District Voters scramble for Information on Fenty and Gray

Shantella Y. Sherman | 9/7/2010, 11:43 a.m.
Ward 7 resident Edwina Loftlin sat among a sea of campaign signs outside One Judiciary Square before going into the early polling center to vote. Loftlin said that despite hearing a lot from both Mayor Adrian Fenty and his chief opponent Vincent Gray, she remained unconvinced either would do the better job and would most likely make up her mind inside the booth at the last minute. Photo by Shantella Y. Sherman

A steady stream of foot traffic moves along First Street en route to One Judiciary Square in Northwest - a District corridor chock full of bureaucrats and government employees - all scurrying to their respective offices. However, there's a group who aren't affected by the early morning rush.

Many sit on cold gray slabs of concrete outside of Metro's Red Line entrance to the District's municipal center nd ponder, or pause in mid-stride to listen to the loud public announcement system that blares non-stop about mayoral candidate Vincent Gray.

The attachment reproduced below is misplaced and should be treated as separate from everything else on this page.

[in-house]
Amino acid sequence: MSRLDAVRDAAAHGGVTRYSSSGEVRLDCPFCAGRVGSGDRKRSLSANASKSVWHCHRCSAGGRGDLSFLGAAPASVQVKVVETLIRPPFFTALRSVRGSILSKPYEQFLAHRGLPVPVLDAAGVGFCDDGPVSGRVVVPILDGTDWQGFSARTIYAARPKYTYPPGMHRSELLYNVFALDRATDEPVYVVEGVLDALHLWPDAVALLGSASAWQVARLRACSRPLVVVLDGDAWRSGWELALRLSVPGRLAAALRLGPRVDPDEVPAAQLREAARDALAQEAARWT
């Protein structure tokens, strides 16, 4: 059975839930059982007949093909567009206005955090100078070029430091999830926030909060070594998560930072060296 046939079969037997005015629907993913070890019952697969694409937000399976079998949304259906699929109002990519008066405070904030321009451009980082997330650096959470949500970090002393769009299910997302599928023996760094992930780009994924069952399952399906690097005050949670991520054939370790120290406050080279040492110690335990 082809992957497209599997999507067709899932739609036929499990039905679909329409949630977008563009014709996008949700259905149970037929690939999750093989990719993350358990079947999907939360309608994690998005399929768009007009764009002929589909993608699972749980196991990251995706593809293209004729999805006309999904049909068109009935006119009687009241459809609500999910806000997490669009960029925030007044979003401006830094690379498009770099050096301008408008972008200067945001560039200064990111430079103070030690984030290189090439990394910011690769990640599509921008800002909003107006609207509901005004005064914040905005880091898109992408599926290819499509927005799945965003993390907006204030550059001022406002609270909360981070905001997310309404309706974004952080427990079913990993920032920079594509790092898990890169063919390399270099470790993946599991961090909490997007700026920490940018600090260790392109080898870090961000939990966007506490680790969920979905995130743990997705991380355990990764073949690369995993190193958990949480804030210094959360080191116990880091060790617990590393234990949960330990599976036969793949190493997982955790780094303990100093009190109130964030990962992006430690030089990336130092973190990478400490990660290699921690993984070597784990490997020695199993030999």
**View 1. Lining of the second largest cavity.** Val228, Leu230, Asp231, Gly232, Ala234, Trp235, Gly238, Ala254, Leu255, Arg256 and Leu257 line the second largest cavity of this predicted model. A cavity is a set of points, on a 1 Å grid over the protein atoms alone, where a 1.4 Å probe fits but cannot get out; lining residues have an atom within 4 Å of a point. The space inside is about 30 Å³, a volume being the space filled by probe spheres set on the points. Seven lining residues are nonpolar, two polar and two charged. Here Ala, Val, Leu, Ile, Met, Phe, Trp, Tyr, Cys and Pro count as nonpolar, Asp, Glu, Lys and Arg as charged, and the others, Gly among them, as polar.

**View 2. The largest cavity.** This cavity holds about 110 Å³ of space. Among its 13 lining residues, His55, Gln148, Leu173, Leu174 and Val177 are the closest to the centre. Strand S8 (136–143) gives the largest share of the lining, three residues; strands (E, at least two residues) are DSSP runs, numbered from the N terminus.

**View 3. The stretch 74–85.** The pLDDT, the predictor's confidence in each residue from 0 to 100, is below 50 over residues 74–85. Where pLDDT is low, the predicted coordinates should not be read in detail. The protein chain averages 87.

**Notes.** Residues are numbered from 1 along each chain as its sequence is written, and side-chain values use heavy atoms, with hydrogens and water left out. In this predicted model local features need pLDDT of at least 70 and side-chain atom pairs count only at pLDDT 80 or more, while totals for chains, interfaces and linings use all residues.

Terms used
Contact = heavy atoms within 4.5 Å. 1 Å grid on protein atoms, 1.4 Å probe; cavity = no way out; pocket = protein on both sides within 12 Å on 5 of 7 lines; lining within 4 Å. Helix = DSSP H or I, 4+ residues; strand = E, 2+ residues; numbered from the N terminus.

One Judiciary Square is one of several sites throughout the District that offers residents early voting options. But, if this location is any indication of what is to come on Sept. 14 - however close the race is believed to be -- all bets are off.

With barely a week left before the Democratic primary, District residents continue to wade through loads of literature and analyze responses in last minute debates and interviews to determine who would be the better choice for mayor.

Ward 7 resident Edwina Loftlin said that despite taking part in forums and listening intently to what all of the candidates have to offer, she's still undecided.

Sitting outside of the voting center, Loftlin, 52, said it would probably require that she stand inside the voting booth - alone and with nothing more than a form -- and decide her herself -- the lesser of two evils.